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Parker v. Farm Bureau Property & Casualty Insurance Co.

United States District Court, D. Kansas

March 9, 2017



          J. Thomas Marten Chief United States District Judge

         Plaintiffs claim that Farm Bureau breached the parties' insurance contract by failing to defend or provide coverage on a civil lawsuit against plaintiffs. The lawsuit accused plaintiffs of selling wheat seed in violation of the Plant Variety Protection Act (PVPA), 7 U.S.C. § 2321 et seq., which gives patent-like protection to owners of certain plant varieties. Plaintiffs argue they were entitled to a defense and to coverage under a Business Injury Liability module in their Farm Bureau policy. Farm Bureau refused to provide a defense and denied coverage. The matter is now before the court on the parties' cross-motions for summary judgment.

         I. Uncontroverted Facts.

         The court finds the following facts to be uncontroverted for purposes of summary judgment.

         Brett and Dane Parker are brothers. They operate a farming business known as D&B Parker Farms, L.L.C. They are the sole members of the LLC. In about 2012, D&B Parker Farms performed some harvesting work for Steve Hirt in Waterville. In exchange for this service, Hirt gave Brett Parker over 1, 000 bushels of seed wheat. Hirt told him it contained a combination of varieties, including the Fuller variety.

         After the 2013 planting season, D&B Parker Farms had some of the Hirt seed left over. Brett Parker decided to sell it. Rather than sell it to the local grain elevator, where he would only get $7 or $7.50 a bushel, Brett decided to sell it directly to other farmers, and he took out an ad in the farm magazine Grass & Grain. The ad stated: “SEED WHEAT for sale. 3 Way blend. Art, Fuller & 2137, cleaned.” When Brett received a call in response to the ad, he informed the caller that he had already sold around 1, 000 bushels of the seed wheat and that it was “certified and - probably be one year out.” On October 23, 2013, Brett met with the caller and sold him 148 bushels of the seed wheat at $10 a bushel. He gave the buyer a hand-written receipt specifying that the seed contained “Art, Fuller, [and] 2137” varieties.

         PVPA and the KWA Lawsuit.

         Under the PVPA, a certificate holder generally has the right for 20 years to exclude others from selling a protected variety, or from offering it for sale, or from reproducing it. 7 U.S.C. § 2483. It is an infringement of a certificate holder's rights for a person, without authority, “to sell or market the protected variety, or offer it or expose it for sale, deliver it, ship it, consign it, exchange it, or solicit an offer to buy it, or any other transfer of title or possession of it.” 7 U.S.C. § 2451(a). With certain exceptions, it is not an infringement for a person to save seed produced by the person from seed obtained, or descended from seed obtained, with authority of the certificate holder, and to use it in the production of a crop on the farm of the person. § 2543. Nor is it an infringement to engage in a bona fide sale for other than reproductive purposes, made in channels usual for such purposes, of seed produced on a farm from seed obtained, or descended from seed obtained, by authority of the certificate holder. Id.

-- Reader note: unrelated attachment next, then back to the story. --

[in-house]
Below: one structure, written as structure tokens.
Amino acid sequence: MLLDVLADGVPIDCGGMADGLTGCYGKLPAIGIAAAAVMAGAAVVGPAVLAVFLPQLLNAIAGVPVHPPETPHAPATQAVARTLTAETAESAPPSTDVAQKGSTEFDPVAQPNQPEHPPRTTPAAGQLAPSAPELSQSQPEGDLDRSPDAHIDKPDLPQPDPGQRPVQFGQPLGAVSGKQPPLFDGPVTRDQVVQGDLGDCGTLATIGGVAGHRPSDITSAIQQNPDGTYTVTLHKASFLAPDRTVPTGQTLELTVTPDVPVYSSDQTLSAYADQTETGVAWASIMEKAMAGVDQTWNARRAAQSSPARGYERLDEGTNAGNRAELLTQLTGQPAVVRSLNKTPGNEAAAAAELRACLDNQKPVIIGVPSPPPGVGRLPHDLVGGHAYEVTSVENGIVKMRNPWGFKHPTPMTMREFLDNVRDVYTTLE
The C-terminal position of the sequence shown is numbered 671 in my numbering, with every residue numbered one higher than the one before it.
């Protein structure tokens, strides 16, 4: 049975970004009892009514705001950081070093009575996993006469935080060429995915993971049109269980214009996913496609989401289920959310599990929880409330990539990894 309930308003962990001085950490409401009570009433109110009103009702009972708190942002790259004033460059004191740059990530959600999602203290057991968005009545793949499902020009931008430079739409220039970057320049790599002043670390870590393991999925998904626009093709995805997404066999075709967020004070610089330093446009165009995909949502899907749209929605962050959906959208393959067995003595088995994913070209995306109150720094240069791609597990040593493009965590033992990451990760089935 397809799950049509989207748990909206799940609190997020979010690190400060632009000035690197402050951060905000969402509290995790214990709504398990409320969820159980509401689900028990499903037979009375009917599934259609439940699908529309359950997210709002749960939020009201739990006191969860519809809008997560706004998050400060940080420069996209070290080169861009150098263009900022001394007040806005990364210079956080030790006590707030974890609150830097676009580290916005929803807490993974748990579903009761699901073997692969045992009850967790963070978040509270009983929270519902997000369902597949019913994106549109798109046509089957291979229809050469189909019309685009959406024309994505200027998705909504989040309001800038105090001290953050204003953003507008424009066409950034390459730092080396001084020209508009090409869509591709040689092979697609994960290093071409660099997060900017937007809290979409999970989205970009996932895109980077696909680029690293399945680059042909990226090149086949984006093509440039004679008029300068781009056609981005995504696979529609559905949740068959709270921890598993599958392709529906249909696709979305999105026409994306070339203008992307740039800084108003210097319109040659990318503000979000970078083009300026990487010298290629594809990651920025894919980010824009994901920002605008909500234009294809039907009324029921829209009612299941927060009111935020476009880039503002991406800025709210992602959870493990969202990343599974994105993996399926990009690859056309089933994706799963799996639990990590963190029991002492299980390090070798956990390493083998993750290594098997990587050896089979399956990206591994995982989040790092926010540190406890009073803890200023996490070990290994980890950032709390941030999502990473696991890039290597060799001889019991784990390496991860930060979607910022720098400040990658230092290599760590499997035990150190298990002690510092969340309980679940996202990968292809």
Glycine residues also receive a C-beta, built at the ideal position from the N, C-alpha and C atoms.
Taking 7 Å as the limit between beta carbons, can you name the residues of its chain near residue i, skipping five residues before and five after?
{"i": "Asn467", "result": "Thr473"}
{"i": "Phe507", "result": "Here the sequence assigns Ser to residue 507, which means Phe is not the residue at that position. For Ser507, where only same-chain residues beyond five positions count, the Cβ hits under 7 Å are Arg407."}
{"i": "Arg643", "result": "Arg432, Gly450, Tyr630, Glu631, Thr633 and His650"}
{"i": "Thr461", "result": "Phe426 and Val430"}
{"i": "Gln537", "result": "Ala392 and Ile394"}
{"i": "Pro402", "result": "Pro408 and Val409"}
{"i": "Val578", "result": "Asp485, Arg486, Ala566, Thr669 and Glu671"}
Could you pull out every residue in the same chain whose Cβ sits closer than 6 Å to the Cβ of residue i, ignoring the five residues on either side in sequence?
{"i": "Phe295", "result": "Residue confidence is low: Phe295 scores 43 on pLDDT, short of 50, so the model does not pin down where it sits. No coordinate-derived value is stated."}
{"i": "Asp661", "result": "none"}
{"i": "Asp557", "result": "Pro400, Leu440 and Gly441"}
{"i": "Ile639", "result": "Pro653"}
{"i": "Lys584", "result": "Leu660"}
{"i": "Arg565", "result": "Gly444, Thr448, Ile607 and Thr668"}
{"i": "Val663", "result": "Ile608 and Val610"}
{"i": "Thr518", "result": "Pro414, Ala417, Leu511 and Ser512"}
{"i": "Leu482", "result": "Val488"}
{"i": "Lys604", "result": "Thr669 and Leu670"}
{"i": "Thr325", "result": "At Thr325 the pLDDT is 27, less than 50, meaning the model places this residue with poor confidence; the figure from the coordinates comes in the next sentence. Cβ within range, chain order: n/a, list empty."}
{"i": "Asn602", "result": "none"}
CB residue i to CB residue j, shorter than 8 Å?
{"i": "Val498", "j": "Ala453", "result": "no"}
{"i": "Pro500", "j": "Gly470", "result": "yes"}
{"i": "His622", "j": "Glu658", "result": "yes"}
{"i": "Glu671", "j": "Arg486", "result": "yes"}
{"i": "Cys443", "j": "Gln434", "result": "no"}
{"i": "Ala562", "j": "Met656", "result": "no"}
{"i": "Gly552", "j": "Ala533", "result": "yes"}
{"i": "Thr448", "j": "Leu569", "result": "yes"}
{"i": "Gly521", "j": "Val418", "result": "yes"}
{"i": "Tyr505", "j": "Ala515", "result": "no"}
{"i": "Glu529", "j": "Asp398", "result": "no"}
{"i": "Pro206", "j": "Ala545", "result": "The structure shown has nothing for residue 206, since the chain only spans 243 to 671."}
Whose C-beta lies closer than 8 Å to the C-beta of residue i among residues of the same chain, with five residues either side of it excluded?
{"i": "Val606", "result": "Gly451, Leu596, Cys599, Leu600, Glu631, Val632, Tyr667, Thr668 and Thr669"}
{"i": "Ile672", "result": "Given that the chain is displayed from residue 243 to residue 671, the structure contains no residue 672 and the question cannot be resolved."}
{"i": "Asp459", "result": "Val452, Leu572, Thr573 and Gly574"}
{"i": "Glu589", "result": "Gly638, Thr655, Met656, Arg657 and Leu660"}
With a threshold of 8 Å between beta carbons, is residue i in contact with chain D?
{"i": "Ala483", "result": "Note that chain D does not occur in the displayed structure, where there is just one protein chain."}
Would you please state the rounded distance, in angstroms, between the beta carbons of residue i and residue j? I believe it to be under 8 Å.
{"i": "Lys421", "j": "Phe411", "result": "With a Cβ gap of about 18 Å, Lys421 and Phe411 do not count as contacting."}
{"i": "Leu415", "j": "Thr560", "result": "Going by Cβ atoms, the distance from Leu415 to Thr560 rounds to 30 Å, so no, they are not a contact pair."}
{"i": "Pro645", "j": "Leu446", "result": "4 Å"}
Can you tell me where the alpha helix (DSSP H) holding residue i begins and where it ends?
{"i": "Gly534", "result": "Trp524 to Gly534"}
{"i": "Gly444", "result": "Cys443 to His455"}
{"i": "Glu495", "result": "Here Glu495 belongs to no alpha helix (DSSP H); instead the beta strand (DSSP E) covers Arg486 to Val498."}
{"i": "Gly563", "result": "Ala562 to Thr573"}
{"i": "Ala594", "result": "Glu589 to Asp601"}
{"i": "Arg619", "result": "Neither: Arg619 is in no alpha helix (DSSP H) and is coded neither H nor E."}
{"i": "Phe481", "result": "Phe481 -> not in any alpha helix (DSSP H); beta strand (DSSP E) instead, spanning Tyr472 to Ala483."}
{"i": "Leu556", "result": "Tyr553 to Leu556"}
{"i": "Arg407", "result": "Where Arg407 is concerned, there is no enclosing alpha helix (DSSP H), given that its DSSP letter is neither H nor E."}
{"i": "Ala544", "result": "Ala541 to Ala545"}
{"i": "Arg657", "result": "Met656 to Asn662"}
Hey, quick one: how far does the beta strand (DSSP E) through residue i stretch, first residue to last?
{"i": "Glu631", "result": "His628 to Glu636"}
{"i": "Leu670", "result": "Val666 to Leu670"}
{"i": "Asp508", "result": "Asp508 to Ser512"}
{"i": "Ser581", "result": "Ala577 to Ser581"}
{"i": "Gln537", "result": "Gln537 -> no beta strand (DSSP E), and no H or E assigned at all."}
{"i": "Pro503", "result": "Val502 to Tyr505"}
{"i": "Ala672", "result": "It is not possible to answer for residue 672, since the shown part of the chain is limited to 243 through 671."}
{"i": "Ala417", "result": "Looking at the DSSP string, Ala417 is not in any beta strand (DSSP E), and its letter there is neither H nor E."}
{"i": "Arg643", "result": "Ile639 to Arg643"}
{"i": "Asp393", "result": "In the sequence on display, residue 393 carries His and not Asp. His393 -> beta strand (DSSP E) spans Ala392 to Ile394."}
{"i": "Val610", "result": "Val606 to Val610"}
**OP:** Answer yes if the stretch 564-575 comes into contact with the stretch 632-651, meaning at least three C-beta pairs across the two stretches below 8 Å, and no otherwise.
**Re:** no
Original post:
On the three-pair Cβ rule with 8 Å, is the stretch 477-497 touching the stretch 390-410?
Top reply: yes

The Kansas State University Research Foundation (KSURF) obtained a PVPA certificate for Fuller wheat seed in 2008. The certificate is now held by the Kansas Wheat Alliance (KWA). Neither Brett, Dane, nor D&B has ever had a license to sell Fuller seed.

         Two weeks after Brett sold the seed, an attorney sent him a letter on behalf of the KWA, informing him that the purchaser of the seed was actually a KWA investigator, and demanding $15, 000 in compensation. The Parkers retained an attorney, who exchanged numerous letters with the KWA attorney. In March 2014, they reached an apparent settlement of $7, 000, but Brett refused to provide the name of the person who sold him the wheat or the locations where the Parkers had planted Fuller seed, and the settlement fell through.

         The KWA and KSURF filed suit against Brett Parker and D&B Parker Farms on April 4, 2014. The complaint alleged that the Parkers violated the PVPA by advertising, selling, and replanting the Fuller wheat seed on land they did not own, without authorization from the KWA or KSURF. It sought monetary damages, an injunction to prevent future infringement, treble damages for willful violations, and attorney's fees.

         Farm Bureau policy.

         D&B Farms had an insurance policy from Farm Bureau that was in effect from July 8, 2013, through July 8, 2014. Brett Parker, his wife Amanda, and D&B [Parker] Farms are the named insureds under the policy.

         The policy included a Farm/Ranch and Personal Liability module that provided coverage for property damage and bodily injury caused by the Parkers during their farming operations (but specifically excluding business damages). This module was added to the policy on or about April 24, 2009. D&B Parker Farms, LLC, was added as a named insured at that time.

         On or about May 6, 2009, the Parkers submitted an application to add a Business Liability module to their policy for a rental dwelling. They had not previously had Business Liability insurance through Farm Bureau. The application lists the address for the rental property as 116 Vista Rd, Waterville, Kansas, and lists annual income ...

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